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Experience-weighted attraction learning in sender-receiver signaling games

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  • Christopher M. Anderson

    ()
    (Division of Humanities and Social Sciences, California Institute of Technology, Pasadena, CA 91125, USA)

  • Colin F. Camerer

    ()
    (Division of Humanities and Social Sciences, California Institute of Technology, Pasadena, CA 91125, USA)

Abstract

We apply Camerer and Ho's experience-weighted attraction (EWA) model of learning to extensive-form signaling games. Since these games often have many equilibria, logical `refinements' have been used to predict which equilibrium will occur. Brandts and Holt conjectured that belief formation could lead to less refined equilibria, and confirmed their conjecture experimentally. Our adaptation of EWA to signaling games includes a formalization of the Brandts-Holt belief formation idea as a special case. We find that the Brandts-Holt dynamic captures the direction of switching from one strategy to another, but does not capture the rate at which switching occurs. EWA does better at predicting the rate of switching (and also forecasts better than reinforcement models). Extensions of EWA which update unchosen signals by different functions of the set of unobserved foregone payoffs further improve predictive accuracy.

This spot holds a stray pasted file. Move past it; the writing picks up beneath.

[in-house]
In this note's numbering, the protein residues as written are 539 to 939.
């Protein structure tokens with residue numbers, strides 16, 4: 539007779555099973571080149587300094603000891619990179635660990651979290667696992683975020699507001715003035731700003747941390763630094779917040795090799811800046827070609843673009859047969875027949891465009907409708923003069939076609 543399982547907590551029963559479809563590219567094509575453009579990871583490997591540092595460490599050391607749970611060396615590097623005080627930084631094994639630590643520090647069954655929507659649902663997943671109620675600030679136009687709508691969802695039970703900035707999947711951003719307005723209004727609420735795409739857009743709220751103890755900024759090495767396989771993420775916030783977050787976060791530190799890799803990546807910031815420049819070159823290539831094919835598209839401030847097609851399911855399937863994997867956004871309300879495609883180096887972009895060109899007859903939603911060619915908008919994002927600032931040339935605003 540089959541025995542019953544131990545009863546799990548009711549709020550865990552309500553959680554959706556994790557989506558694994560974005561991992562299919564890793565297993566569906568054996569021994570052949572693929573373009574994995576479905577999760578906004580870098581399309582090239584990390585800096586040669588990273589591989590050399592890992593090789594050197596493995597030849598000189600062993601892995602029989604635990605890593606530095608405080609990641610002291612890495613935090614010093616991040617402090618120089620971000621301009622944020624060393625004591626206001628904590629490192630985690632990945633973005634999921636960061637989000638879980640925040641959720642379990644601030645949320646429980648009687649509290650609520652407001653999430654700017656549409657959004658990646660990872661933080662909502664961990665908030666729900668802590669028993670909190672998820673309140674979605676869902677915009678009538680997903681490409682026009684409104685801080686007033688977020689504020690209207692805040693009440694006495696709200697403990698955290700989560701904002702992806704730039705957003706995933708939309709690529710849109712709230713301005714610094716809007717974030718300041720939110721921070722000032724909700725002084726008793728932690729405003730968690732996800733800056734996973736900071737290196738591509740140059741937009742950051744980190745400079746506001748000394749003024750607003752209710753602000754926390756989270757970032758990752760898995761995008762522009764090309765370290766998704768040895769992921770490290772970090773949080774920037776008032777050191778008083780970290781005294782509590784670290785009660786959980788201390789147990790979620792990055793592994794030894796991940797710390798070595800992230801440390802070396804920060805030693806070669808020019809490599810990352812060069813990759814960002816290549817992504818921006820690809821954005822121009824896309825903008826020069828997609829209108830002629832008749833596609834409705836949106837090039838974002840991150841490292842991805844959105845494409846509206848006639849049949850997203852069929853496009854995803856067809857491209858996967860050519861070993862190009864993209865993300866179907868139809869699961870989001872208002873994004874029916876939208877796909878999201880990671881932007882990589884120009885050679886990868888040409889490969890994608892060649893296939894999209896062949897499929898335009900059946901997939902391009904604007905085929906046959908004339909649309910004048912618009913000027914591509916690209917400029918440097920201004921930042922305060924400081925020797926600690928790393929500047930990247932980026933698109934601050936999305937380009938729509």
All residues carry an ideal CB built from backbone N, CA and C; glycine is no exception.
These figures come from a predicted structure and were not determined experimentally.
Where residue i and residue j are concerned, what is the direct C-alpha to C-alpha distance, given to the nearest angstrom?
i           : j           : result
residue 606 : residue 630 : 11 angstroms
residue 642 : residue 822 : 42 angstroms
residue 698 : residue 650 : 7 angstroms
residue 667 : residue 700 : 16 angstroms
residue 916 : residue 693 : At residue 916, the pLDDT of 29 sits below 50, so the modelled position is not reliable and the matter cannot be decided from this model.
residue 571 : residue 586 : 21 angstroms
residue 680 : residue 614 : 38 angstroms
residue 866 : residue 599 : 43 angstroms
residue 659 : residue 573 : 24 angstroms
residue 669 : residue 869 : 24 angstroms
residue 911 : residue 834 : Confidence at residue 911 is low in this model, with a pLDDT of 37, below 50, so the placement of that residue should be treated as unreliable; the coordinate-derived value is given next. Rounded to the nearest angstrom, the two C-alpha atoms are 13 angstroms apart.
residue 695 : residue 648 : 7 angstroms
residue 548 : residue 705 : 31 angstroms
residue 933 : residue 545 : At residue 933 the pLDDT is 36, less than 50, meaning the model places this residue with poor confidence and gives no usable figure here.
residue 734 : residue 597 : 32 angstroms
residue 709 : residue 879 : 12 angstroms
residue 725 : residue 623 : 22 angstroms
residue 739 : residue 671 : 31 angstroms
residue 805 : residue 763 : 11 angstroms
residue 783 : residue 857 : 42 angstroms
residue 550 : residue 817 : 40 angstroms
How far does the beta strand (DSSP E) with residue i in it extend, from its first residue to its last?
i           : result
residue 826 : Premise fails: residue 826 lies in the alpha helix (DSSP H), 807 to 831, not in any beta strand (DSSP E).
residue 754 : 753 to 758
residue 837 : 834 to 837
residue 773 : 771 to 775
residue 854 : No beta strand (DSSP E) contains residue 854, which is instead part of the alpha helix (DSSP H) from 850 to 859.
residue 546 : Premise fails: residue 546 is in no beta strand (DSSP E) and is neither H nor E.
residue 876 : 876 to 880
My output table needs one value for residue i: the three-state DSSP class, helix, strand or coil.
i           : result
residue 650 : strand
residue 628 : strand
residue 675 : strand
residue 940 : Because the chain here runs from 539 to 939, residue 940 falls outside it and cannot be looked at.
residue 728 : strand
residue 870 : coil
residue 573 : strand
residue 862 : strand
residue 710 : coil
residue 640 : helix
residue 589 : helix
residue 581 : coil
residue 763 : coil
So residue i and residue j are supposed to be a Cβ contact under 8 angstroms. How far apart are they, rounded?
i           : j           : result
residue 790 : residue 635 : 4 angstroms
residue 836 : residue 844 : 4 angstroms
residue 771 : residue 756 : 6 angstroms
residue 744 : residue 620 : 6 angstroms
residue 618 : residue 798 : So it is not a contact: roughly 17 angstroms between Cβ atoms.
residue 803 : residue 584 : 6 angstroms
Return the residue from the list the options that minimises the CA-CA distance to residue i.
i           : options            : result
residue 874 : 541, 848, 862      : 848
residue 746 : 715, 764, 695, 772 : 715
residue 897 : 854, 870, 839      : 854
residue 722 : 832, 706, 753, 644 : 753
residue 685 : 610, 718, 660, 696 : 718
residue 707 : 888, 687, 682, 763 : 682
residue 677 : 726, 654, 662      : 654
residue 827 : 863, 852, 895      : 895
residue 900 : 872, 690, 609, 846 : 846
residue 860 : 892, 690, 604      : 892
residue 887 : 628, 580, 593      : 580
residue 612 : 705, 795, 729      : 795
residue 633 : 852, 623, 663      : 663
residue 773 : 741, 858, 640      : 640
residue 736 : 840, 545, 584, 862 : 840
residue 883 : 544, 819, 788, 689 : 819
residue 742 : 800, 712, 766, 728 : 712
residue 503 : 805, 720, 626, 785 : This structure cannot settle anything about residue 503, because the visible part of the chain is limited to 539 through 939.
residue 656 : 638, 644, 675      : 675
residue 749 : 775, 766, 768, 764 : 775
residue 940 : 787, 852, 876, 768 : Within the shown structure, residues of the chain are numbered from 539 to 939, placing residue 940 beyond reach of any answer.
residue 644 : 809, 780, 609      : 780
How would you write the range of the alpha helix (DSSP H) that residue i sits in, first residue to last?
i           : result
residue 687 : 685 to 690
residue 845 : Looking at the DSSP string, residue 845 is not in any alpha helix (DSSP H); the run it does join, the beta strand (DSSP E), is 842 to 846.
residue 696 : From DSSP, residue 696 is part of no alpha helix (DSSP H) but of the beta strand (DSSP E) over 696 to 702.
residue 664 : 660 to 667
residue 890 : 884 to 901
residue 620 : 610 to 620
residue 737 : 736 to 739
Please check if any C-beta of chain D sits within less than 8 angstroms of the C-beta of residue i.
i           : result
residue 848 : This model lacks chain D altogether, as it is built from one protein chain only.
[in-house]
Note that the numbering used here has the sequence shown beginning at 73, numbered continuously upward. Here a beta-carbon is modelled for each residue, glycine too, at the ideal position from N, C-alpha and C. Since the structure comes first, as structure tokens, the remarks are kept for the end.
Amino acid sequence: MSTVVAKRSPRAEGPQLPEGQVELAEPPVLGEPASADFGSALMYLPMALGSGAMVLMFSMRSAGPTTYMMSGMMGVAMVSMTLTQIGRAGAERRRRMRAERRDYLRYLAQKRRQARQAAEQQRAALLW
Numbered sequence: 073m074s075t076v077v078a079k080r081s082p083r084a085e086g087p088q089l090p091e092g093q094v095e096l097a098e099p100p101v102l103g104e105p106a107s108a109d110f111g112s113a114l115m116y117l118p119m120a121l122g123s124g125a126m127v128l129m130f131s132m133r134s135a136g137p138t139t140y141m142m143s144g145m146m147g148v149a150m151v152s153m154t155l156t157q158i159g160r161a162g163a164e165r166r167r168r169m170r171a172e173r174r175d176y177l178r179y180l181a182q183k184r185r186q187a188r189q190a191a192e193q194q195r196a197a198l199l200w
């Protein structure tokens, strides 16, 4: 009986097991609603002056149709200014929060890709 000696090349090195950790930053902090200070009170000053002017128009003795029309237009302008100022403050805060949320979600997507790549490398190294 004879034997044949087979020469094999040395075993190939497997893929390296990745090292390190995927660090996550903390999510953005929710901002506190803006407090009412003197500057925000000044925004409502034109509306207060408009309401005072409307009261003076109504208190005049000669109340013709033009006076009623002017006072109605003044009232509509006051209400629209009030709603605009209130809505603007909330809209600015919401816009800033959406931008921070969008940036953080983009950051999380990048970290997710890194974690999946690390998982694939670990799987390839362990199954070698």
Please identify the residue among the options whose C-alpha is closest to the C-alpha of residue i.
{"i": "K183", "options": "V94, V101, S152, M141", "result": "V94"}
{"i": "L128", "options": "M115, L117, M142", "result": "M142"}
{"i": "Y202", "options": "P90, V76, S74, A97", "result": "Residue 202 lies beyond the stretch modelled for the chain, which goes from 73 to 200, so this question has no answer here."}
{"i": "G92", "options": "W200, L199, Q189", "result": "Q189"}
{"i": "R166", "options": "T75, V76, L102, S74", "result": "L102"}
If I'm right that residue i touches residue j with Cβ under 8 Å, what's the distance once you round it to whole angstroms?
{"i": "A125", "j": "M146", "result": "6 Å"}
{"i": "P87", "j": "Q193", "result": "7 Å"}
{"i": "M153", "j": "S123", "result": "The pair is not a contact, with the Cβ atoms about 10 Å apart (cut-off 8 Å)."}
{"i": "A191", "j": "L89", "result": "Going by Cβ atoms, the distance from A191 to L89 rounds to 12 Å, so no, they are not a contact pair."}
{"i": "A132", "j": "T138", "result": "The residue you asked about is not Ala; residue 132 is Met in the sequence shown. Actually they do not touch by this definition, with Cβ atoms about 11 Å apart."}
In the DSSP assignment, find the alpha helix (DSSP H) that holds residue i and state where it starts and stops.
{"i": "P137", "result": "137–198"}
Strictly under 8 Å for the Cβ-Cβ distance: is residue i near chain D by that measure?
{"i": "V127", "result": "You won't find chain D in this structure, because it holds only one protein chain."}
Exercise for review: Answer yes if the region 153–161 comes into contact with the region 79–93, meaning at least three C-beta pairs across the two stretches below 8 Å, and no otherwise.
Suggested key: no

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Bibliographic Info

Article provided by Springer in its journal Economic Theory.

Volume (Year): 16 (2000)
Issue (Month): 3 ()
Pages: 689-718

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Handle: RePEc:spr:joecth:v:16:y:2000:i:3:p:689-718

Note: Received: April 26, 1999; revised version: April 25, 2000
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Related research

Keywords: Learning; Game theory experiments; Signaling games; Equilibrium refinement.;

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Cited by:
  1. Michalis Drouvelis & Wieland Muller & Alex Possajennikov, 2009. "Signaling Without Common Prior: An Experiment," Discussion Papers 09/08, Department of Economics, University of York.
  2. John Duffy & Ed Hopkins, 2004. "Learning, Information and Sorting in Market Entry Games: Theory and Evidence," ESE Discussion Papers 78, Edinburgh School of Economics, University of Edinburgh.
  3. Drouvelis, Michalis & Müller, Wieland & Possajennikov, Alex, 2012. "Signaling without a common prior: Results on experimental equilibrium selection," Games and Economic Behavior, Elsevier, vol. 74(1), pages 102-119.
  4. Floris Heukelom, 2007. "Who are the Behavioral Economists and what do they say?," Tinbergen Institute Discussion Papers 07-020/1, Tinbergen Institute.
  5. Floris Heukelom, 2007. "Who are the Behavioral Economists and what do they say?," Tinbergen Institute Discussion Papers 07-020/1, Tinbergen Institute.

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